Lately, I've been a bit uninspired to keep up on my blog. That changed tonight.
I just got home from seeing Lucinda Williams at Town Hall here in NYC. She is here all week performing various albums start to finish from her amazing career. Tonight I was lucky enough to see her perform 1998's Car Wheels on a Gravel Road.
Car Wheels is not only one of my favorite Lucinda Williams albums, but it's also one of my favorite albums of all time. It was this album that garnered her critical acclaim, some mainstream success and earned her a Grammy for Best Contemporary Folk Album. This album took Lucinda over six years to write and record.
It was also this quest for perfection that became apparent tonight. There were a few times when she stopped mid song because something wasn't right. That sent the pacing a bit off through out the evening, but I must say it made the night even more enjoyable for me. Seeing an artist perform with that kind of pursuit for perfection was very cool.
She spoke between sets about each song and what it meant. She talked about the first time she performed the title track in Memphis while her father was in the audience. The song is basically a series of images set to music about life growing up in the South. He came up to her afterwards and said, "I'm sorry." "Why," she said. "Because that's you as the little girl in that song." Which on a conscious level she never realized before. She talked about how "2 Cool 2 Be 4-gotten" was written on a New Years Day and inspired by two books of photography-- Juke Joint: Photographs by Birney Imes and Appalachian Portraits by Shelby Lee Adams. I love that song with it's refrain "June Bug vs. Hurricane" and it's descriptive lyrics that make these world of photographs come alive.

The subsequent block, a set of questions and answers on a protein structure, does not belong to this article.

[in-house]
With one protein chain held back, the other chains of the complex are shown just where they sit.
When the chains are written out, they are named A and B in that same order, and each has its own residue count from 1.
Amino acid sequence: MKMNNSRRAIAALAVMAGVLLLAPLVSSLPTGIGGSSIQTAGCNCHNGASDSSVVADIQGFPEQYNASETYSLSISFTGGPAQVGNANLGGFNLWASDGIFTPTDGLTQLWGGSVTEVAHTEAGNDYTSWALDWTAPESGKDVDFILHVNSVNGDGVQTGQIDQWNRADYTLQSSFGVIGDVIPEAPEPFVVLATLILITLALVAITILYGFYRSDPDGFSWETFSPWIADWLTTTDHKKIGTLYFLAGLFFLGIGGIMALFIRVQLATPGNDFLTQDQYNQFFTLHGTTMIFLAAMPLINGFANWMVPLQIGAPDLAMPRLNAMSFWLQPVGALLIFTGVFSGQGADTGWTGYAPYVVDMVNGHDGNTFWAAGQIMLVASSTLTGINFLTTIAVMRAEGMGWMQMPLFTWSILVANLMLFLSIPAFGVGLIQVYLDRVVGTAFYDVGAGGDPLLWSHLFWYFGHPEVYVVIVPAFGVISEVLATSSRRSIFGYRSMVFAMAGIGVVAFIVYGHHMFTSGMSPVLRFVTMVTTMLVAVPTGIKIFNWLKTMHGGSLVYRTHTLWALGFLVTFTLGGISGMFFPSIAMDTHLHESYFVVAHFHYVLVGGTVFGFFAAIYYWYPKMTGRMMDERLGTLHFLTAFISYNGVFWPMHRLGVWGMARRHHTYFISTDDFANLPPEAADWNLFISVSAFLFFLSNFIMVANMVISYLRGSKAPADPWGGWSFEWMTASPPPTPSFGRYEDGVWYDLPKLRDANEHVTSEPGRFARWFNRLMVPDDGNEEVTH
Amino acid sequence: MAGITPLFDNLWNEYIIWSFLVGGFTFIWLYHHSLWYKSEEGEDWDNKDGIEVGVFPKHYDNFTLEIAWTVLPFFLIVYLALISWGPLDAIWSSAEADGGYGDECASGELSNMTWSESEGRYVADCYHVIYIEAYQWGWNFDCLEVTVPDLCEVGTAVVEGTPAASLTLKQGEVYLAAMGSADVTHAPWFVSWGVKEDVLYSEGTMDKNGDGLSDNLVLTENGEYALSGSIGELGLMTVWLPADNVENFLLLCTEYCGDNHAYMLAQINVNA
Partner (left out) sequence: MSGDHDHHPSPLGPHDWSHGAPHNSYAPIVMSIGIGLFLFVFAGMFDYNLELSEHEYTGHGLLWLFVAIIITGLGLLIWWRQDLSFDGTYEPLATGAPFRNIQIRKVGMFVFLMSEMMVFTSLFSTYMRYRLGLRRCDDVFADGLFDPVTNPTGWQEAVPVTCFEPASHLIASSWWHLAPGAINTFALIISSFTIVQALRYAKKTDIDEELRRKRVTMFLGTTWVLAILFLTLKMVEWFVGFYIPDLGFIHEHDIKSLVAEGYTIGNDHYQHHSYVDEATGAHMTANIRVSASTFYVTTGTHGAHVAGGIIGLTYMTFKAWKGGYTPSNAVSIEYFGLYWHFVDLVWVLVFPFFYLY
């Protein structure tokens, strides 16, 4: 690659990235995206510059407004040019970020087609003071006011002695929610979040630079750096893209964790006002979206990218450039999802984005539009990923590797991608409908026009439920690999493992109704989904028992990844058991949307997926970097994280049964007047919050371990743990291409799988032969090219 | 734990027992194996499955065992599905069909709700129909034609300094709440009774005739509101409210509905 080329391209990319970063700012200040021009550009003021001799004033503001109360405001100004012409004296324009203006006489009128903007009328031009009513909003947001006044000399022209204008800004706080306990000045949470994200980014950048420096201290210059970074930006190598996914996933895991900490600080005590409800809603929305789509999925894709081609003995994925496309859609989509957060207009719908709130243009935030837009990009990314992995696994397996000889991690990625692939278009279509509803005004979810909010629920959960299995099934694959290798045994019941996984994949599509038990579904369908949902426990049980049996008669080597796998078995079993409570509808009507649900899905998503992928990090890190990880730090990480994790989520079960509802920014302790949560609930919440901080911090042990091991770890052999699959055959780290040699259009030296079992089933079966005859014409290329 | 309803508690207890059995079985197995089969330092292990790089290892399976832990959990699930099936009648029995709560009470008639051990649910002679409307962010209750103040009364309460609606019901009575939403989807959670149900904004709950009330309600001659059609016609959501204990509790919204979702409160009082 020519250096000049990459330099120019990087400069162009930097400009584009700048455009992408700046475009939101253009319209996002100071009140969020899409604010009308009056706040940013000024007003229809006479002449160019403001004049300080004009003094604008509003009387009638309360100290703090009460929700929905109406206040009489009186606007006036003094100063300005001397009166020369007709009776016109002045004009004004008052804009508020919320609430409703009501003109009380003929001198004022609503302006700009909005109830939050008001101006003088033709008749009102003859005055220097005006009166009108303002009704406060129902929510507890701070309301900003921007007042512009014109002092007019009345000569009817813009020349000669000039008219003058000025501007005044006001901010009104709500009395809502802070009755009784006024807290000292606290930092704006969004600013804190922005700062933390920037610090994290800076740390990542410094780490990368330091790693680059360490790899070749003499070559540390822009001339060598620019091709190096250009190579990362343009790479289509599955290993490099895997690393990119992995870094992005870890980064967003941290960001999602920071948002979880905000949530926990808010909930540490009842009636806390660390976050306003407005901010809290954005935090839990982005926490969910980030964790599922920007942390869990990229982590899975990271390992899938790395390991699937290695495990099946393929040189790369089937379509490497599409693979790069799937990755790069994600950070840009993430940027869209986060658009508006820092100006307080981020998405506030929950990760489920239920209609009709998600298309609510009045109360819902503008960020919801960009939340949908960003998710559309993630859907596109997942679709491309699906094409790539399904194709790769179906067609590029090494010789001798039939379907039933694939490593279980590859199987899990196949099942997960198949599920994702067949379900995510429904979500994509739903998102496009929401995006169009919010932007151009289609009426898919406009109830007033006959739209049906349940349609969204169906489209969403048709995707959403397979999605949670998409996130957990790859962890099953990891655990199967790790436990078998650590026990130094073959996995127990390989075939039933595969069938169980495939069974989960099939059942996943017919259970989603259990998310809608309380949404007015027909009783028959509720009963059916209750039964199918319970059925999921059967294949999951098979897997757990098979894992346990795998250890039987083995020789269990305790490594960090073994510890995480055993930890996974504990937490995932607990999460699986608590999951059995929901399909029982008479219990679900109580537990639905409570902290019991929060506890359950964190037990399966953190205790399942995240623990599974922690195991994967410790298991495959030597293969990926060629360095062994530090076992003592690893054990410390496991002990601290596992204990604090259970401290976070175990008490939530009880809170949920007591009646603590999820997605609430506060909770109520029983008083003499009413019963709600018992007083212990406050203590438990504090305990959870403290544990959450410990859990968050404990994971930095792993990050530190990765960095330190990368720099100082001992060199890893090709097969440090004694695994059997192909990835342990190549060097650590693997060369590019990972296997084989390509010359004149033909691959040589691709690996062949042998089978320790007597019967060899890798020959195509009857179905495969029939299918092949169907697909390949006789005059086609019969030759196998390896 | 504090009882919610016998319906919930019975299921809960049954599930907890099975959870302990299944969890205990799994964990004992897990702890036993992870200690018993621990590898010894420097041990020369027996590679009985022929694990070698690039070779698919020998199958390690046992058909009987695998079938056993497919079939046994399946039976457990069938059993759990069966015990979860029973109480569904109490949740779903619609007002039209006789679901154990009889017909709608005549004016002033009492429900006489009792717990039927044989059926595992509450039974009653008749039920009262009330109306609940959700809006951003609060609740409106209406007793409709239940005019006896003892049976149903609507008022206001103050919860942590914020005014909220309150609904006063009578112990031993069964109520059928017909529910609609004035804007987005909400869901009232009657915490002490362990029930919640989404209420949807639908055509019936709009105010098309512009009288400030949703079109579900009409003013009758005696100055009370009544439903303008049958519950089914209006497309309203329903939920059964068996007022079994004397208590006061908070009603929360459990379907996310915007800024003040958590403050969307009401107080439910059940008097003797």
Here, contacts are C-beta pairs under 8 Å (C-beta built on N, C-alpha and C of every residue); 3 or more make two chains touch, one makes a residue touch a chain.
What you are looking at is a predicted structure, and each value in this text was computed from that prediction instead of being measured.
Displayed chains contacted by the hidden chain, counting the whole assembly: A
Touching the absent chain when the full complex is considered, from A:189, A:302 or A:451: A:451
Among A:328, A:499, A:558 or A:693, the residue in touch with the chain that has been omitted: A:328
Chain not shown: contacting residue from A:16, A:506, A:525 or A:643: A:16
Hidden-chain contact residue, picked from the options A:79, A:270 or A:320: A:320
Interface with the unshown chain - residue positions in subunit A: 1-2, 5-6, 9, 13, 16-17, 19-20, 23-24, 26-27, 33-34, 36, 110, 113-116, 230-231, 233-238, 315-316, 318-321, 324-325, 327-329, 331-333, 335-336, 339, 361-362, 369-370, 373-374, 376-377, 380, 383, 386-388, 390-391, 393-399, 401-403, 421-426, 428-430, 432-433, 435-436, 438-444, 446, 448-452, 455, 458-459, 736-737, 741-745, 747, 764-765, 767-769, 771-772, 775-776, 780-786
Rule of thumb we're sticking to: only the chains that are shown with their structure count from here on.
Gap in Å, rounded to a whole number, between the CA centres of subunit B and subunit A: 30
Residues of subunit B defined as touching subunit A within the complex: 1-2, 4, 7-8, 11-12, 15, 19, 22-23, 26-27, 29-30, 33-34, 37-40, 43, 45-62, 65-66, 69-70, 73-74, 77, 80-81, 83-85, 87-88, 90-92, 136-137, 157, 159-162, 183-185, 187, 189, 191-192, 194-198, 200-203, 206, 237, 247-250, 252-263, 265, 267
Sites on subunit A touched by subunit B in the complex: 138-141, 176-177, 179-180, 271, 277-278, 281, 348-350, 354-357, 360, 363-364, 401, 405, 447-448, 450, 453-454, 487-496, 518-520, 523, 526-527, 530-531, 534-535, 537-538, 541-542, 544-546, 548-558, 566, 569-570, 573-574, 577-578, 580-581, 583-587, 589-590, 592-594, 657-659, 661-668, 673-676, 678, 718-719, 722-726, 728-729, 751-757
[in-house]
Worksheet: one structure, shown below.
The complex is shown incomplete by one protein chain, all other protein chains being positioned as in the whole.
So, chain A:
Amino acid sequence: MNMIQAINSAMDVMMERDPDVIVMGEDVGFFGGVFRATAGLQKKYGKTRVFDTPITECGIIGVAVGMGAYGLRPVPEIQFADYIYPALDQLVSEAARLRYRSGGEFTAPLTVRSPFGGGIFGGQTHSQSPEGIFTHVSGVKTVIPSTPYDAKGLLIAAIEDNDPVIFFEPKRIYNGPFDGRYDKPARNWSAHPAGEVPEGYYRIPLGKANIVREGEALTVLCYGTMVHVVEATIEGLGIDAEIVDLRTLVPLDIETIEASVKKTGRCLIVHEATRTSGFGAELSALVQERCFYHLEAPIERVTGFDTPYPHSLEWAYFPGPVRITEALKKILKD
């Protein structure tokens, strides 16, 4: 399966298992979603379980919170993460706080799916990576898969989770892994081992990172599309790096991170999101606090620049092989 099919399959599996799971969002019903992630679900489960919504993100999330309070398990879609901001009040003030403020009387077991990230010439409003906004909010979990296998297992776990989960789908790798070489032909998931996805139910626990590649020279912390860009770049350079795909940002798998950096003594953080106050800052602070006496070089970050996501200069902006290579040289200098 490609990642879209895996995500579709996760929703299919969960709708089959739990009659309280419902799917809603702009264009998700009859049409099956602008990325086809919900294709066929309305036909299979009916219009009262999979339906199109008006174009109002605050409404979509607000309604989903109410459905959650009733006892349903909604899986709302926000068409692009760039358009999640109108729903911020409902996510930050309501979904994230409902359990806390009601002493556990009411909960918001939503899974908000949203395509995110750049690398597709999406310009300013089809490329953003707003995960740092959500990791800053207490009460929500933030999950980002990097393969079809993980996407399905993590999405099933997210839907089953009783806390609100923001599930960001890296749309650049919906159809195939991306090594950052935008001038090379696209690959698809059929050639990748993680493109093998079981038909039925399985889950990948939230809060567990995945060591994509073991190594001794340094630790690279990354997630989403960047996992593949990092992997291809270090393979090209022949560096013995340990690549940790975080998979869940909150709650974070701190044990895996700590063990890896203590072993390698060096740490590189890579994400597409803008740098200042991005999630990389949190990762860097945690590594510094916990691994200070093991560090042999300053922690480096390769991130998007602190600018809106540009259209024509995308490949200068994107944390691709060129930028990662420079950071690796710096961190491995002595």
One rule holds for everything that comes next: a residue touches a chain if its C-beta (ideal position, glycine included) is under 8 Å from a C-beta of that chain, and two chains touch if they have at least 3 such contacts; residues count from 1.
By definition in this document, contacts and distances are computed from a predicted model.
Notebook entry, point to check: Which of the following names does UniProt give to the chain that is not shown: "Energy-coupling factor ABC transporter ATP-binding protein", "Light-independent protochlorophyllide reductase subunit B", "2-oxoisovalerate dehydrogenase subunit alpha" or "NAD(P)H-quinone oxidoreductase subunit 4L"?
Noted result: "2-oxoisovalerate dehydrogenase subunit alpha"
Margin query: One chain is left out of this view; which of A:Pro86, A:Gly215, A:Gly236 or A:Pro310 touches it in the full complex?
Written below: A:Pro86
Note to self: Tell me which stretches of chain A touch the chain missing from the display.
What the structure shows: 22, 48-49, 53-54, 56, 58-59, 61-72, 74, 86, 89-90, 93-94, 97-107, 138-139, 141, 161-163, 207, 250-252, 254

I enjoyed listening to her talk and describe each song and how it came to be. It gave the audience an insight into her artistic process even if it meant stopping to get it right. She was joined on stage by several guests including Steve Earle. Without his help Car Wheels would have not existed according to her. He simply replied, "It was hard to fuck up great songs".
She finished the last song on the album ("Jackson") and left the stage for a bit of an intermission. She came back to perform other songs from other albums including songs from her new album West. One of the highlights of the night was a duet she did with Steve Earle that was written in the vain of old country duets (think Tammy Wynette and George Jones) titled "Jail House Tears". It was a real treat. Steve Earle performed an amazing version of "Ellis Unit One" which was stunning. Another guest to join her was Fionn Regan. All I can say is wow. He only performed one song ("Be Good Or Be Gone" ) and left the stage to tremendous applause. I'm looking forward to learning more about him and his music.
One of the last songs she did was "Unsuffer Me" from West. This was also one of the songs she stopped and had to start from the beginning. Needless to say it was completely worth it as it left the audience on their feet yelling for more. She has a few more dates in the city and I urge anyone in town to see one of these shows. It was a wonderful evening watching this artist get it right. She mentioned a less than favorable review she got from Time Out New York. That seemed to set her off a bit, but she responded to the crowd, "listen I'm an artist not a performer. You get what you get." Yes, you do Lucinda and thank you for that.